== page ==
Elan and Wyeth Announce Results from Phase 2 Clinical Trial of Bapineuzumab for Alzheimer's Disease
News Jun 19, 2008
Elan Corporation, plc and Wyeth have announced encouraging preliminary findings from a Phase 2 study of bapineuzumab (AAB-001) in patients with mild to moderate Alzheimer's disease. In the 18-month trial, bapineuzumab appeared to have clinical activity in treating Alzheimer’s disease.
The study did not attain statistical significance on the primary efficacy endpoints in the overall study population. Post-hoc analyses did show statistically significant and clinically meaningful benefits in important subgroups.
In non-carriers of the Apolipoprotein E4 (ApoE4) allele, estimated in the literature to be from 40 to 70 percent of the Alzheimer’s disease population, post-hoc analyses showed statistically significant and clinically meaningful benefits associated with bapineuzumab treatment on several key efficacy endpoints, including the Alzheimer’s Disease Assessment Scale (ADAS-cog), the Neuropsychological Test Battery (NTB), the Mini Mental State Examination (MMSE) and the Clinical Dementia Rating – Sum of Boxes (CDR-SB). A favorable directional change was seen on the Disability Assessment Scale for Dementia (DAD), although this was not statistically significant.
Additionally in non-carriers, preliminary evaluation of MRI results showed less loss of brain volume among treated patients versus placebo patients, a finding that was statistically significant. Smaller increases in ventricular volume were seen in treated patients compared to placebo patients, although this finding was not statistically significant.
Progression of Alzheimer’s disease is generally associated with loss in brain volume and increases in ventricular volume. Further, treatment-related benefits seen on MRI were correlated to the favorable clinical changes observed in non-carriers.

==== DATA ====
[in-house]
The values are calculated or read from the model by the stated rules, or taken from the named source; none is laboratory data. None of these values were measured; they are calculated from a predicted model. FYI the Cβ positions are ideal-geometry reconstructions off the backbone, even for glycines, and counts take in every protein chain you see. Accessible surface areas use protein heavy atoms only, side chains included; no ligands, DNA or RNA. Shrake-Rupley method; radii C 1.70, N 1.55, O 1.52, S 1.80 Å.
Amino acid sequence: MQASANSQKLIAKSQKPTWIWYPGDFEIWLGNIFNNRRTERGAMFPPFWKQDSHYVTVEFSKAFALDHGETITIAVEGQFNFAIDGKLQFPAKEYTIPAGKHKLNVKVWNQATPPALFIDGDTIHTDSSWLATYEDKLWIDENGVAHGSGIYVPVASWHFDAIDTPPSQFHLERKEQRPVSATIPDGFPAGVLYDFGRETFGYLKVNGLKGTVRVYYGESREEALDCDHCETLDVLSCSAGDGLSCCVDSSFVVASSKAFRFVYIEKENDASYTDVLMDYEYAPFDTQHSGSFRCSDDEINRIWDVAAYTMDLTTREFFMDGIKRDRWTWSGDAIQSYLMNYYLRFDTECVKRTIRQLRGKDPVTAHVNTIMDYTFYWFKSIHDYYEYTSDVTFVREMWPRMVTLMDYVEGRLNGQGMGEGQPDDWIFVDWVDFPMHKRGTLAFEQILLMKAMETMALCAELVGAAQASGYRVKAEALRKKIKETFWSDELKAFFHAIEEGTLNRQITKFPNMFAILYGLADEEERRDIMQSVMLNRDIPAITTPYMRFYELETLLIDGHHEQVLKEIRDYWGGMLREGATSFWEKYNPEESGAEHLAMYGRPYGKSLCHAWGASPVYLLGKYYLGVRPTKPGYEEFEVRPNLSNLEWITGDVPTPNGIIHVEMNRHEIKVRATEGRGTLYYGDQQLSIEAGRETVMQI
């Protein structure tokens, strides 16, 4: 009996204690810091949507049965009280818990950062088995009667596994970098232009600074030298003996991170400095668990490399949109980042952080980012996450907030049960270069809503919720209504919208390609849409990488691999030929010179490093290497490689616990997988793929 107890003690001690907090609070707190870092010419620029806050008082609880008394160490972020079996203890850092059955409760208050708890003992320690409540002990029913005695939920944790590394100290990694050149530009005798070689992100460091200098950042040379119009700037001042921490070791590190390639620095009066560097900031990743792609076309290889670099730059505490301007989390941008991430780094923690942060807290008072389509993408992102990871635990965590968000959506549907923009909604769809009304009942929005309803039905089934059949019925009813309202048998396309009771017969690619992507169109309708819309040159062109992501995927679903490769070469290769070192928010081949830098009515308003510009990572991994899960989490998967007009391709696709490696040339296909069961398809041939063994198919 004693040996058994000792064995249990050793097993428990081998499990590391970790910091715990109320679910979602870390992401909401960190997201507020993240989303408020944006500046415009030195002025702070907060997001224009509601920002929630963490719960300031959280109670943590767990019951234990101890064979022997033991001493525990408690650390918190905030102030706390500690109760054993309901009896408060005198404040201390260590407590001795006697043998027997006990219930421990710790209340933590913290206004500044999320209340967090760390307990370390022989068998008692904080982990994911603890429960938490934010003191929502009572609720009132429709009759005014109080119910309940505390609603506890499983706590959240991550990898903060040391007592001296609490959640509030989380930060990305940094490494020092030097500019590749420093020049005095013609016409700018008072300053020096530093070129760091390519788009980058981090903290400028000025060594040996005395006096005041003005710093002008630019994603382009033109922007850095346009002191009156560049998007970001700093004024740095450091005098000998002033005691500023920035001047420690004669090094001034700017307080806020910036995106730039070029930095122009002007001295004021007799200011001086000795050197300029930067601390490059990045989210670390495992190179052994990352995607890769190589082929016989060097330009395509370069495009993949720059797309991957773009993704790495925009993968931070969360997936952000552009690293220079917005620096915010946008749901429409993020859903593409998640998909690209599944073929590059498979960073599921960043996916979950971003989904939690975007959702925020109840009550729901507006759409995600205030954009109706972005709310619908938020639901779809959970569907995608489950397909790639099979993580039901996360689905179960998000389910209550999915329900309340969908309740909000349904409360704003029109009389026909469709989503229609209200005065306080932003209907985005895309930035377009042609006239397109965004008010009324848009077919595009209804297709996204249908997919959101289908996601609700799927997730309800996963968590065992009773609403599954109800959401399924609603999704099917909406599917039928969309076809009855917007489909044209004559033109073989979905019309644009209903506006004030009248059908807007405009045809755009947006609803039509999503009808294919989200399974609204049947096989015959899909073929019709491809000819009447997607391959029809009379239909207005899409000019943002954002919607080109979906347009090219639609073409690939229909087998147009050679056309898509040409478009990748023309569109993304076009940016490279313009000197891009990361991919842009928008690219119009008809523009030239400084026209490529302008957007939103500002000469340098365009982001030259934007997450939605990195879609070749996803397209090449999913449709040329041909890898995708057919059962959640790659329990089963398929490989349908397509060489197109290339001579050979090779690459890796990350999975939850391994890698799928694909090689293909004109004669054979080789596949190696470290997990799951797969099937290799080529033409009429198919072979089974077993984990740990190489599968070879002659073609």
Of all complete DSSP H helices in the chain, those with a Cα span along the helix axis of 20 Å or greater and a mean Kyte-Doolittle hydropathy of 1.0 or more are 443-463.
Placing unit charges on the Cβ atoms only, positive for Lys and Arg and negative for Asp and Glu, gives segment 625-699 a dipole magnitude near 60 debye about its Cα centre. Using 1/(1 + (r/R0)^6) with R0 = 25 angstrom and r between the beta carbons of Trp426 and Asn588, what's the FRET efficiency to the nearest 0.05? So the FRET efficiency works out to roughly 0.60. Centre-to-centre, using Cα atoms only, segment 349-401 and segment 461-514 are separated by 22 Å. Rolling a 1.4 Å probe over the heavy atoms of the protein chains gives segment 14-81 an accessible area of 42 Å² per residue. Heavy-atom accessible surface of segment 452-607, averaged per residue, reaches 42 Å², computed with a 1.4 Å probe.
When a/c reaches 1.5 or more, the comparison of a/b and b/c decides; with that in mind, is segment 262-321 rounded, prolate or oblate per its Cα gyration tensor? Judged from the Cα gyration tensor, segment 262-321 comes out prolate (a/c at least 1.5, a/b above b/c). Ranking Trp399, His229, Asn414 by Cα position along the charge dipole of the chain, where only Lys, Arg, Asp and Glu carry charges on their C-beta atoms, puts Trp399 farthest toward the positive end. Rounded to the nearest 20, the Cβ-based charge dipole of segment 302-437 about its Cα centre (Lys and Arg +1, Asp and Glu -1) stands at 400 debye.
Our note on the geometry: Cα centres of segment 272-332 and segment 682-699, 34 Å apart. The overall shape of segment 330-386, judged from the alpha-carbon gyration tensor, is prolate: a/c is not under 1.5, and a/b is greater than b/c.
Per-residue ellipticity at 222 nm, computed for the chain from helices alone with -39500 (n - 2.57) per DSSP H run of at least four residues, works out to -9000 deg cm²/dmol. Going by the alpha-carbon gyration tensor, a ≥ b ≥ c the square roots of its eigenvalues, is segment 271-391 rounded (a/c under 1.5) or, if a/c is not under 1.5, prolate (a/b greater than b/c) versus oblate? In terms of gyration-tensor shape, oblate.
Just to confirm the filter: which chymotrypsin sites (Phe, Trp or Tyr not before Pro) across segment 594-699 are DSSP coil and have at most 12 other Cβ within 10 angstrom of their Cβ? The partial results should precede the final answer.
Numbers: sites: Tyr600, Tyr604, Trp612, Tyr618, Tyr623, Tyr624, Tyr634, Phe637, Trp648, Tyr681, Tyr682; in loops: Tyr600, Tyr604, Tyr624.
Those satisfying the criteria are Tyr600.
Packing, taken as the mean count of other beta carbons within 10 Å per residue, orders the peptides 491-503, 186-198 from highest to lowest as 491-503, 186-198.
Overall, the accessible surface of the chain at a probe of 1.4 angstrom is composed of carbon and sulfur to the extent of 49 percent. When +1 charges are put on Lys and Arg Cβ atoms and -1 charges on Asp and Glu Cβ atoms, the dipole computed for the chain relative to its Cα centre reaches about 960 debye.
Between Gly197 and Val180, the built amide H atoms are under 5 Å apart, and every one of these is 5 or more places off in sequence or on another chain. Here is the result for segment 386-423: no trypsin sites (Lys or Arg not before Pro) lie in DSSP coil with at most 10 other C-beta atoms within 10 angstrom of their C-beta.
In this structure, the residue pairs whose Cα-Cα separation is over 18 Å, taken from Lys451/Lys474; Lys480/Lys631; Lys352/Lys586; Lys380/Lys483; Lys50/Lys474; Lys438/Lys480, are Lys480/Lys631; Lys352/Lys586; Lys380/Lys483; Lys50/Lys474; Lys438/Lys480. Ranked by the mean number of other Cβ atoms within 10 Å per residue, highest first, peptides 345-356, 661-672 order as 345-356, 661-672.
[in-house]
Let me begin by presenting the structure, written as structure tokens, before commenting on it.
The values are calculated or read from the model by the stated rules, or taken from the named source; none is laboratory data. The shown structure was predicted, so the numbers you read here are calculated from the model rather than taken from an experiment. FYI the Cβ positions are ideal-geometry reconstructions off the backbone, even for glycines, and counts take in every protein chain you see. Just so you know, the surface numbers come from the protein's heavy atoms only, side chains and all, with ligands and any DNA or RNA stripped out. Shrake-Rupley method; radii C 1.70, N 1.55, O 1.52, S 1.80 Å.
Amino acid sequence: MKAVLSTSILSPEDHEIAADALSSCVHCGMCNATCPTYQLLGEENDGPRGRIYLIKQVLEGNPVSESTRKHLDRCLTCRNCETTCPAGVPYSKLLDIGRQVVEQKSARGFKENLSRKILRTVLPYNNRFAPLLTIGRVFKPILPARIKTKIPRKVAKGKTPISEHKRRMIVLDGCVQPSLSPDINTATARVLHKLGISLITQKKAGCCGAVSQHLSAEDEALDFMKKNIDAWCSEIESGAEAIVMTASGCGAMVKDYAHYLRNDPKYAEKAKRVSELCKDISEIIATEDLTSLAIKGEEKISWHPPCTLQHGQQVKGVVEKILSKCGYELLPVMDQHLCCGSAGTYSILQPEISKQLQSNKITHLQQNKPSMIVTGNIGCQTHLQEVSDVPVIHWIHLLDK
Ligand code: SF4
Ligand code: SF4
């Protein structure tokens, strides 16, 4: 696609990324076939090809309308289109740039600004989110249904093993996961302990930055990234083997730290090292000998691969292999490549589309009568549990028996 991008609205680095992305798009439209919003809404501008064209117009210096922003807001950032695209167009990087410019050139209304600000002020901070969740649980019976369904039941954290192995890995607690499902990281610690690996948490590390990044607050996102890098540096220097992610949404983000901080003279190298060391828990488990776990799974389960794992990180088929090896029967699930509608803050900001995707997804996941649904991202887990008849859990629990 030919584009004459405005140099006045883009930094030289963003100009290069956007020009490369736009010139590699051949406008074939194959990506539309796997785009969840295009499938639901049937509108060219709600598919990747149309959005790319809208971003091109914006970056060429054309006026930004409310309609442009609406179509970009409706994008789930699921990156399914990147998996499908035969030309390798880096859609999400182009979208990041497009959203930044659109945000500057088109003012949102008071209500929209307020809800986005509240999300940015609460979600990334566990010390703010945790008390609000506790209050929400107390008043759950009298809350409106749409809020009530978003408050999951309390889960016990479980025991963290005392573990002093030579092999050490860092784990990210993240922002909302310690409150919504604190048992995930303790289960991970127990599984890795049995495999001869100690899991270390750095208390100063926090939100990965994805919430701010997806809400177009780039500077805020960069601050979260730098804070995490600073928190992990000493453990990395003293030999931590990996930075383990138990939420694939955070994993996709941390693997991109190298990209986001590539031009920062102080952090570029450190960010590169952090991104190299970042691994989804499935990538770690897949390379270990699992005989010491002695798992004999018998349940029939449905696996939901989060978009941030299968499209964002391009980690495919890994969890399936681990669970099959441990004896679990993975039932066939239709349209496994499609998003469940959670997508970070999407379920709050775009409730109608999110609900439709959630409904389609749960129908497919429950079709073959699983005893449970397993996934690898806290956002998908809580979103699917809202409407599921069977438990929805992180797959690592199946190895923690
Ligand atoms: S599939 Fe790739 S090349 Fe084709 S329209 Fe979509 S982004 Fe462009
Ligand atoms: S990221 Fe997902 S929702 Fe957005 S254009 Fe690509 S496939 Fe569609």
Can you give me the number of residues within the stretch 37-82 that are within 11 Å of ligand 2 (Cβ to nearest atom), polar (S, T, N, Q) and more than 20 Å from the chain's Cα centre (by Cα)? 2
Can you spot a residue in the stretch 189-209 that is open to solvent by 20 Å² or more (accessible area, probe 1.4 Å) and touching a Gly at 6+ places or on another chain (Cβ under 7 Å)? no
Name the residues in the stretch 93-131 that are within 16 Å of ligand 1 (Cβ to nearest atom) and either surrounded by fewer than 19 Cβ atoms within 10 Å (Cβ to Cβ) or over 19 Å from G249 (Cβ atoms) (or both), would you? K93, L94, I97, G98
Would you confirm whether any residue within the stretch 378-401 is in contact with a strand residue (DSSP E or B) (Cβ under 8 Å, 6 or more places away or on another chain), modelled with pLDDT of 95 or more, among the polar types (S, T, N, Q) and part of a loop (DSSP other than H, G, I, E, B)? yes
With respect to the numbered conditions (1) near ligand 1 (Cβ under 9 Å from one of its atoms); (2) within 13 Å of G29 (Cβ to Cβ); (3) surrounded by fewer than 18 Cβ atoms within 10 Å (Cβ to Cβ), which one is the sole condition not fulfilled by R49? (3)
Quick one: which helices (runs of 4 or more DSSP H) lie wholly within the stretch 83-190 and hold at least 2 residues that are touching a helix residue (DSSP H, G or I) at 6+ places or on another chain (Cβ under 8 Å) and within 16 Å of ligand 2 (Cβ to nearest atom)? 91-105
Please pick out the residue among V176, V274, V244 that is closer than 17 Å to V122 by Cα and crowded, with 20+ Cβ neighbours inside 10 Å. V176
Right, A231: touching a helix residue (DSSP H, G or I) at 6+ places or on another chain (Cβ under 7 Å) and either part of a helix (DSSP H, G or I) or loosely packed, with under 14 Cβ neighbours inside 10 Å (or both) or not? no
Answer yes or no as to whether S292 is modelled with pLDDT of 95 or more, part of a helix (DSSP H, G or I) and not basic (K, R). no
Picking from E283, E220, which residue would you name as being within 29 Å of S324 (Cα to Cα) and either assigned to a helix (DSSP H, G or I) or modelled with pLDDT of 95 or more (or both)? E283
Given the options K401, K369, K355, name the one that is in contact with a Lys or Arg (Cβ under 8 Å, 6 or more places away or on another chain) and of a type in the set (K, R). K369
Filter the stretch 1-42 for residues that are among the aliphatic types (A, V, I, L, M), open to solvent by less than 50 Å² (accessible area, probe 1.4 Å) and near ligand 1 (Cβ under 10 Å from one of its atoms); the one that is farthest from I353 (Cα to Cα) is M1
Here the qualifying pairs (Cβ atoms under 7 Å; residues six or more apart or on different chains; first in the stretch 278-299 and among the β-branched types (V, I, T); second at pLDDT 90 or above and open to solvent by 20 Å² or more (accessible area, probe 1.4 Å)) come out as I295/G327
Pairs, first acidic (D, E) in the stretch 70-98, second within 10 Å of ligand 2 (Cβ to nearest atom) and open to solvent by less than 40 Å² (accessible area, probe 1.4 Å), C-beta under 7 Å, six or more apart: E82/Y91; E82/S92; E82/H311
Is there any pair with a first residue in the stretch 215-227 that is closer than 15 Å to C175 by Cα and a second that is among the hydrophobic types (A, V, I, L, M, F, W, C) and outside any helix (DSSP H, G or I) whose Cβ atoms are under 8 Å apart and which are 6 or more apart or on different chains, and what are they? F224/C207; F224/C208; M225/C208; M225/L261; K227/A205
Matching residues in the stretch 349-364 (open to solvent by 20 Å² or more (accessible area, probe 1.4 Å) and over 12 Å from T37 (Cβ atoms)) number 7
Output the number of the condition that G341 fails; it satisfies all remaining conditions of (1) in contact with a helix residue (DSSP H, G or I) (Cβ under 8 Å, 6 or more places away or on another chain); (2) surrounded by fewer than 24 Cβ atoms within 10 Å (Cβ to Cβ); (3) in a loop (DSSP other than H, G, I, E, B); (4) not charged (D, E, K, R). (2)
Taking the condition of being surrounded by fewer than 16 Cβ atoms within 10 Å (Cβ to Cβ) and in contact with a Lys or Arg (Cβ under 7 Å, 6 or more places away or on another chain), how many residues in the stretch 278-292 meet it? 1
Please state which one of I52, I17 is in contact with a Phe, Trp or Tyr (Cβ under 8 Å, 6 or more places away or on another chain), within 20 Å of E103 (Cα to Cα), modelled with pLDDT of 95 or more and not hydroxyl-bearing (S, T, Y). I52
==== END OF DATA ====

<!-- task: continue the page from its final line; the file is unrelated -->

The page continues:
In similar post-hoc analyses of carriers of the ApoE4 allele, no clinical benefits or statistically significant effects were observed on efficacy endpoints or the brain volume endpoint. However, favorable directional changes were observed on a number of endpoints. Preliminary analyses suggest possible increase of ventricular volume in treated patients versus placebo patients. The clinical significance of this finding is currently unclear and analyses are ongoing.
As expected given the nature of the population studied, adverse events were very common in both placebo and bapineuzumab-treated patients. In non-carriers, the number of patients experiencing serious adverse events was similar between placebo and bapineuzumab-treated patients. In carriers, serious adverse events were more frequently observed in bapineuzumab-treated patients than in placebo patients.
In addition, vasogenic edema was reported in the treated population with an increased frequency in carriers and at higher doses. No cases were reported in placebo patients.
In the ongoing Phase 3 studies, carriers of the ApoE4 allele are being treated with a lower dose to minimize the risk of vasogenic edema. The Companies believe that the overall safety findings from this Phase 2 trial support their prior decision to move to Phase 3 studies.